Another Lightfoot appointee, 12th Ward Ald. Anabel Abarca, got the job in December after outgoing Ald. George Cardenas endorsed her as he took a seat on the Cook County Board of Tax Review.

A former Cardenas chief of staff, Abarca faces community activist Julia Ramirez in a head-to-head faceoff in the Southwest Side ward that includes much of Brighton Park and McKinley Park.

Ramirez said she opted not to seek Lightfoot’s appointment to the seat because “the mayor is deeply unpopular here in the area” and she didn’t want the political baggage of the endorsement. Abarca said she felt compelled to seek the appointment because she wants the seat.

In the Southwest Side 14th Ward, the two candidates on the ballot are far less well-known than their political backers.

Jeylu Gutierrez, district director for Cook County Commissioner Alma Anaya, runs with the support of mayoral candidate and U.S. Rep. Jesús “Chuy” García. Outgoing Ald. Edward Burke has ties to the other aldermanic candidate, Raúl Reyes.

One way or the other, the ward will see its first new alderman since Burke was elected in 1969. Facing federal corruption charges, he declined in November to file petitions to get his name on the ballot for reelection.

Ald. Matt O’Shea, 19th, is looking for a fourth term representing the far Southwest Side neighborhoods of Beverly, Mount Greenwood and Morgan Park.

He’s flanked politically on the ballot by Fraternal Order of Police-backed former Chicago police Sgt. Mike Cummings on the right and computer consultant Tim Noonan on the left.

All three say public safety is the top issue in the election, but Cummings argues O’Shea doesn’t do enough to support police, while Noonan says the ward is far more diverse than its reputation as a haven for police and firefighters makes it seem. O’Shea insists his middle path is best for representing the wishes both of first responders and the many others who live in the ward.

With Ald. Howard Brookins Jr. stepping down after 20 years representing the 21st Ward following an unsuccessful run for Cook County judge, seven candidates are hoping to lead the district stretching from Auburn Gresham to the border of Calumet Park.

The ward has been hobbled by downturns in population and its shopping districts, as well as rising gang crime and the havoc brought by the 2008 foreclosure crisis.

Brookins has endorsed Ronnie Mosley, who has worked in government under 8th Ward Ald. Michelle Harris and others.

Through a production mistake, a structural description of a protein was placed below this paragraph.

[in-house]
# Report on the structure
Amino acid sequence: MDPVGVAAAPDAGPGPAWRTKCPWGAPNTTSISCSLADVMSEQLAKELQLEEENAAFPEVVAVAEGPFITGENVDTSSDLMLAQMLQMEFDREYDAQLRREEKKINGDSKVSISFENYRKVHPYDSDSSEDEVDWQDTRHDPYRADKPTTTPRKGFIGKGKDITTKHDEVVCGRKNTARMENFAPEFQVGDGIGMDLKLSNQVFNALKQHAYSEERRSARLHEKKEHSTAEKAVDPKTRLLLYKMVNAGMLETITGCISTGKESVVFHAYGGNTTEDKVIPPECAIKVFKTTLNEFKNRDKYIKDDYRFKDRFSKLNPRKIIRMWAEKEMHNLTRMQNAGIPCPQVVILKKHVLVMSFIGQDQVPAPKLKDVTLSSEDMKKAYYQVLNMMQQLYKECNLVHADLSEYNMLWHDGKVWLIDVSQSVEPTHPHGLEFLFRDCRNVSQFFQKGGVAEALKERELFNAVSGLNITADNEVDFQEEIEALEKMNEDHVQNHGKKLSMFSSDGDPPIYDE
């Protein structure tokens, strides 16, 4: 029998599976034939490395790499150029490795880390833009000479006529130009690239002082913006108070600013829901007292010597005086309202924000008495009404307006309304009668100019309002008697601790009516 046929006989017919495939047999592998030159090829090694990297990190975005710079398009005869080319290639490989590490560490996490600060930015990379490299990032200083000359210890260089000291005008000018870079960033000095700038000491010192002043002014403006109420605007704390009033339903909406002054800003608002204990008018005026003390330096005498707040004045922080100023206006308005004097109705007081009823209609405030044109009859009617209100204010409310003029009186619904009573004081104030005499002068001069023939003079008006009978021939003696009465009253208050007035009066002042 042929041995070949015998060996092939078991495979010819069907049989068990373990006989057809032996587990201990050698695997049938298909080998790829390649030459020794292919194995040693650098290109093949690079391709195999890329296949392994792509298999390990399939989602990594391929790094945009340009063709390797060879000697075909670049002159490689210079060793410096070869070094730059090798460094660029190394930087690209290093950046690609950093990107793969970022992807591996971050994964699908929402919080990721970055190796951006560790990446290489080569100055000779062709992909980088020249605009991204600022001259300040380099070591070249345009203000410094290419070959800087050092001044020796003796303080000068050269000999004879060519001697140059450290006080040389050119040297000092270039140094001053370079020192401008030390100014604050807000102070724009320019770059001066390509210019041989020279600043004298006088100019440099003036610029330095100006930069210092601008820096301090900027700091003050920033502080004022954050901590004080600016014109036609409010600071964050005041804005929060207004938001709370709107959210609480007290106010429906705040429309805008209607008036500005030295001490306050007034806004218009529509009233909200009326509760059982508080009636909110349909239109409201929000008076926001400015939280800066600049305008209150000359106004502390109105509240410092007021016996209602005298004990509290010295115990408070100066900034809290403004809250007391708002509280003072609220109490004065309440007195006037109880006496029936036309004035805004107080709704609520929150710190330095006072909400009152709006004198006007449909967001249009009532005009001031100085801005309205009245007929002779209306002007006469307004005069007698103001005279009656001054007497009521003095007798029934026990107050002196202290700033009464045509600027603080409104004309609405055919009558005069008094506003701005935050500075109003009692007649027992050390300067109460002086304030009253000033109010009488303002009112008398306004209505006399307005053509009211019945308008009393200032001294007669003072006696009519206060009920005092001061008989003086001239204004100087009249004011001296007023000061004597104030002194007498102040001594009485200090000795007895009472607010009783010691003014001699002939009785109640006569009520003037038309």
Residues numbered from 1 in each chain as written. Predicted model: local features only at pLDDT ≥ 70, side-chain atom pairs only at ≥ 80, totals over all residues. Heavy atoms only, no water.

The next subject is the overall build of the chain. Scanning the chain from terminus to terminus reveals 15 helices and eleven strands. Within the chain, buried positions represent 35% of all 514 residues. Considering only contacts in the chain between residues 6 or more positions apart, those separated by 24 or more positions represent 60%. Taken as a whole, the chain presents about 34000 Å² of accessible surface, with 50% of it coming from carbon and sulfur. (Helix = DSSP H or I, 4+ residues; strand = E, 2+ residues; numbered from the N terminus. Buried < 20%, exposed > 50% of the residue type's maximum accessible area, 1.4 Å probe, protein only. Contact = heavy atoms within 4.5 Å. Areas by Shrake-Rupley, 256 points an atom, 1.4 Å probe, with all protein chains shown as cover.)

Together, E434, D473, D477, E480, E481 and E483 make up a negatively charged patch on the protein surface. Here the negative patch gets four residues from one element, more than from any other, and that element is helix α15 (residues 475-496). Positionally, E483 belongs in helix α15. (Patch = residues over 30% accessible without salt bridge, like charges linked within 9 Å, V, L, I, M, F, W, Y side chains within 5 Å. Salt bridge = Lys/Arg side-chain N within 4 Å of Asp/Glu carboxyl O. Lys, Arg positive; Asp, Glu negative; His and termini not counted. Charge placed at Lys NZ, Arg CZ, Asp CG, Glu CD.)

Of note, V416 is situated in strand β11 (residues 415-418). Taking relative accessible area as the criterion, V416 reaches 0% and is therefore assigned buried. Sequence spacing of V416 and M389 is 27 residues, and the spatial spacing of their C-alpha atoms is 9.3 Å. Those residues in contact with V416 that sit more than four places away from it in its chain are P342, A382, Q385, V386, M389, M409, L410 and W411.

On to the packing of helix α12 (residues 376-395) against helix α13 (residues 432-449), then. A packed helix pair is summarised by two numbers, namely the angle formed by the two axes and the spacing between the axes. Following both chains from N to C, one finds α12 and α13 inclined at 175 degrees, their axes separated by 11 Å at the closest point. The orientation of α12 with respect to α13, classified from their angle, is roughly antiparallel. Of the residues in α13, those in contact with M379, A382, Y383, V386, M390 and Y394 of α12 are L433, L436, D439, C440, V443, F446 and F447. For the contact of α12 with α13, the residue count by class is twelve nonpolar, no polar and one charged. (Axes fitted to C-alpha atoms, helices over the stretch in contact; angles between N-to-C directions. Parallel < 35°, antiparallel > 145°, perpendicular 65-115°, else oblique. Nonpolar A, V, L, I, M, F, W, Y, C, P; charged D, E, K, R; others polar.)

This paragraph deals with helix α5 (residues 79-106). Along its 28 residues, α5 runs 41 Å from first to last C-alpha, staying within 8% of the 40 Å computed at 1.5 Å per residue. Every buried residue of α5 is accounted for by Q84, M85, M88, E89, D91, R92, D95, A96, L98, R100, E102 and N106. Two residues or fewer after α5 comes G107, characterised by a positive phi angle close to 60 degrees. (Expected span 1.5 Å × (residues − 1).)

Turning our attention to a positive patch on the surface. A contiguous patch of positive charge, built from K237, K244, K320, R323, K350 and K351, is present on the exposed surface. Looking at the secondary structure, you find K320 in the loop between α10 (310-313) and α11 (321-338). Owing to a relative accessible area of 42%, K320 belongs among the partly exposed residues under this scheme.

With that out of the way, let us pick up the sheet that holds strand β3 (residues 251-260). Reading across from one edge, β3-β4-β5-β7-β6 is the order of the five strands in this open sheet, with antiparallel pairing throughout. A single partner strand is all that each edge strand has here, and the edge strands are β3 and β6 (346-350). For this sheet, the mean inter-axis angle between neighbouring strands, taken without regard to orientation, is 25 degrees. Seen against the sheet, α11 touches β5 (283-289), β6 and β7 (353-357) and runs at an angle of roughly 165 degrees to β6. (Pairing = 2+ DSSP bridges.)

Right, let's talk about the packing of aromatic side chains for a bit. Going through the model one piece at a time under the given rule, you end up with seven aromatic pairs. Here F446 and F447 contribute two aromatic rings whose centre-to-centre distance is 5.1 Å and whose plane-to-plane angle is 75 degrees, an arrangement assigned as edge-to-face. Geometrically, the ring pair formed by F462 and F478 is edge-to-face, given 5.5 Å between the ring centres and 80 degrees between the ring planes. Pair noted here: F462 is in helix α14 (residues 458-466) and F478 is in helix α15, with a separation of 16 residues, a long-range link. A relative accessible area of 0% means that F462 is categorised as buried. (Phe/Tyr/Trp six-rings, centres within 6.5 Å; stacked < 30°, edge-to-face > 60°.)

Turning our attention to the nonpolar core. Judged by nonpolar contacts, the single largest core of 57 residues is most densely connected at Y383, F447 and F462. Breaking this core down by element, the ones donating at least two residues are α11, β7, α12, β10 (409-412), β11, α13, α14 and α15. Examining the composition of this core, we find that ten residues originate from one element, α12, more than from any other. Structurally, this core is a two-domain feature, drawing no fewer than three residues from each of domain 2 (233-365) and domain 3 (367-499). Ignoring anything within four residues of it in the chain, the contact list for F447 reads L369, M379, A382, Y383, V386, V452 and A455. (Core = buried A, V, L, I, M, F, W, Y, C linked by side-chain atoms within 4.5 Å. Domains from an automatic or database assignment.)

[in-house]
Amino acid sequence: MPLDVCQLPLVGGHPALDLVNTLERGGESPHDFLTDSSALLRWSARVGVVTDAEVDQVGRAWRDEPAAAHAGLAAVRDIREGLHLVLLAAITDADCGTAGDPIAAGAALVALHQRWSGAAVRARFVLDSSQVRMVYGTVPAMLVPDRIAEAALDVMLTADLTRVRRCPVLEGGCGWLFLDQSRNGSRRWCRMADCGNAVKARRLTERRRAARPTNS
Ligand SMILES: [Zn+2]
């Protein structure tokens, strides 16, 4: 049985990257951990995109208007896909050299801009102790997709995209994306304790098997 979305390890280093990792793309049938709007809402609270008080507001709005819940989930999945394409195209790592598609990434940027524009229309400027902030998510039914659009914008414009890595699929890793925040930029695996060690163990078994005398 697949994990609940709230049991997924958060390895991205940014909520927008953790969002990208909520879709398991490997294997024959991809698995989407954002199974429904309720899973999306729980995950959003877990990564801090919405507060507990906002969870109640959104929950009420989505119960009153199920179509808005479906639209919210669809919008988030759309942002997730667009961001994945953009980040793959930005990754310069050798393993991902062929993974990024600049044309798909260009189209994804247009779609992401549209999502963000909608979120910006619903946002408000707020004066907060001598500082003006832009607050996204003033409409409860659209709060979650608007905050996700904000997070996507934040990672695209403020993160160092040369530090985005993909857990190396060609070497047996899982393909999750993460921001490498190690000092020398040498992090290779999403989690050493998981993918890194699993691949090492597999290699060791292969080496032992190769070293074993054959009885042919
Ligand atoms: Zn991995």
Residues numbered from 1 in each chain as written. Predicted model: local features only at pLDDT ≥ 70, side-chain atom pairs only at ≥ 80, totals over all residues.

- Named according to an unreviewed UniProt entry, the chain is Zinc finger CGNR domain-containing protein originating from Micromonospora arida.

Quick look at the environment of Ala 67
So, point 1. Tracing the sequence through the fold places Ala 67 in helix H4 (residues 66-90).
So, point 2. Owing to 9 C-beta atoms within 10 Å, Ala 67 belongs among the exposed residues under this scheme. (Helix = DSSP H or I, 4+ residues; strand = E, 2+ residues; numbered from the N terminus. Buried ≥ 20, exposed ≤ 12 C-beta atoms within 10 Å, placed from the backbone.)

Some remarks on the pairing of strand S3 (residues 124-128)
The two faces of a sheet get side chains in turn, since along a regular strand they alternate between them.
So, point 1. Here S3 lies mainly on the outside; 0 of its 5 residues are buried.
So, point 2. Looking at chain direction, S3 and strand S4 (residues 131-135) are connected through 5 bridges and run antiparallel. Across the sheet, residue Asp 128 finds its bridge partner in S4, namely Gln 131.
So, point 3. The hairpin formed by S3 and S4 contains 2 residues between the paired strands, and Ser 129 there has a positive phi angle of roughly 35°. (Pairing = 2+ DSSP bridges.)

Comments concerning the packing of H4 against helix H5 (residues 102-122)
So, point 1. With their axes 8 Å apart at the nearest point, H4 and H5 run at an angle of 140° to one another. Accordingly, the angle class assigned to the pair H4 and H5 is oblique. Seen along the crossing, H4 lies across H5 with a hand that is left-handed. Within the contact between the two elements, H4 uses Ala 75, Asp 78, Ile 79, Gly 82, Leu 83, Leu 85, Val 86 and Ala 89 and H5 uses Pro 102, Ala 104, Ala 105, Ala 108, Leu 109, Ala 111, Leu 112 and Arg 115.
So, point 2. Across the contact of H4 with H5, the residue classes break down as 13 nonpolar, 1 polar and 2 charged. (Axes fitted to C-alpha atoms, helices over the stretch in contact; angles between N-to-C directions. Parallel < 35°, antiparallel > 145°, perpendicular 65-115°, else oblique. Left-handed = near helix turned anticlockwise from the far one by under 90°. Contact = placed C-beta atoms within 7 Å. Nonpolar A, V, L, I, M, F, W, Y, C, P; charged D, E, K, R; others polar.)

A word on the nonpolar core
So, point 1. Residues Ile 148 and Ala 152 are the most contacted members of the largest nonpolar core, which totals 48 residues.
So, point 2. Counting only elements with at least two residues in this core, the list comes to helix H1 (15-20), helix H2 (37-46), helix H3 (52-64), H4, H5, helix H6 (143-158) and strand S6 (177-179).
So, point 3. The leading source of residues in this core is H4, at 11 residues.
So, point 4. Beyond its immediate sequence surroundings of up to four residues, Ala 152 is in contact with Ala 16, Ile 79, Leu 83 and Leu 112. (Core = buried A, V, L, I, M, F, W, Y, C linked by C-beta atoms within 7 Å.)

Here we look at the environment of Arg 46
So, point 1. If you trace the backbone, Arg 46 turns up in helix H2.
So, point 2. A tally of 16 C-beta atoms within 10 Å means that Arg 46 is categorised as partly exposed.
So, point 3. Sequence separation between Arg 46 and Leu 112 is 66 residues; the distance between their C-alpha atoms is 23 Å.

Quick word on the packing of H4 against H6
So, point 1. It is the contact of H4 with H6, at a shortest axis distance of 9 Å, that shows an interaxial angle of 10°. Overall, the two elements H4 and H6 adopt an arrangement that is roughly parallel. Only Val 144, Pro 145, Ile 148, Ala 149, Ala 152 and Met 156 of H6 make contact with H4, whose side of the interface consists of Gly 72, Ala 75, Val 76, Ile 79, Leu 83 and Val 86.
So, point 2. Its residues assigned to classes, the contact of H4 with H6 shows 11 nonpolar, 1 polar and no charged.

Also on the ballot are Chicago police officer Daliah Goree; Kweli Kwaza, who led Club 21, a network of block clubs in the ward; attorney Larry “Jay” Lloyd; retired firefighter Cornell Dantzler; Ayana Clark, a community advocate for former U.S. Rep. Bobby Rush; and attorney Preston Brown Jr., Democratic committeeman of the far South Side 34th Ward that will no longer exist in its current form when the new council takes over.

The head-to-head 23rd Ward election fight features incumbent Ald. Silvana Tabares — once an ally of former Illinois House Speaker Michael Madigan who has had a falling-out with him — versus community activist Eddie Guillen, who worked for Madigan’s political operation briefly but said Madigan isn’t backing his run against Tabares.

Instead, Guillen said he ran because Tabares has failed Latino voters in the ward, which includes parts of West Lawn and West Elsdon before hooking west through Garfield Ridge north of Midway International Airport.

For her part, Tabares said she wants to focus on her record of getting things done and on being a strong independent voice for a ward that “has traditionally been seen as being politically dependent on neighboring wards.”

Lightfoot appointed 24th Ward Ald. Monique Scott in June to succeed her brother, Michael Scott Jr., after he stepped down from the West Side seat.

Monique Scott is now facing off against Creative Scott, Drewone Goldsmith, Edward Ward, Larry Nelson, Luther Woodruff Jr., Traci Treasure Johnson and Vetress Boyce in a ward centered around Lawndale.

In the 25th Ward that now includes Pilsen and some of Little Village, one-term progressive incumbent Ald. Byron Sigcho-Lopez faces a tough head-to-head challenge from Aida Flores, an assistant principal at Darwin Elementary School who also ran in 2019.

Flores wants to reduce crime through better community engagement, and to find better ways to fight the gentrification that has long threatened working-class Pilsen residents.

Sigcho-Lopez has been a stanch critic of Lightfoot and an outspoken member of City Council’s socialist caucus and is endorsed by the Chicago Teachers Union. The pro-business Get Stuff Done political action committee has spent has spent more than $62,000 opposing his candidacy, and has spent nearly $100,000 on media and mailers supporting Flores.

The 33rd ward features a competitive race between incumbent Rossana Rodriguez Sanchez, Samie Martinez, a Chicago planning department project coordinator, and finance professional and affordable housing developer Laith Shaaban.

Four years ago, Rodriguez Sanchez upended the reign of the longtime Mell family in the ward, beating Deb Mell, who had taken the seat after her father, Richard Mell, retired after nearly 40 years on the council. The ward now includes much of Albany Park and has since been one of the vocal members of the city council’s caucus of Democratic Socialists.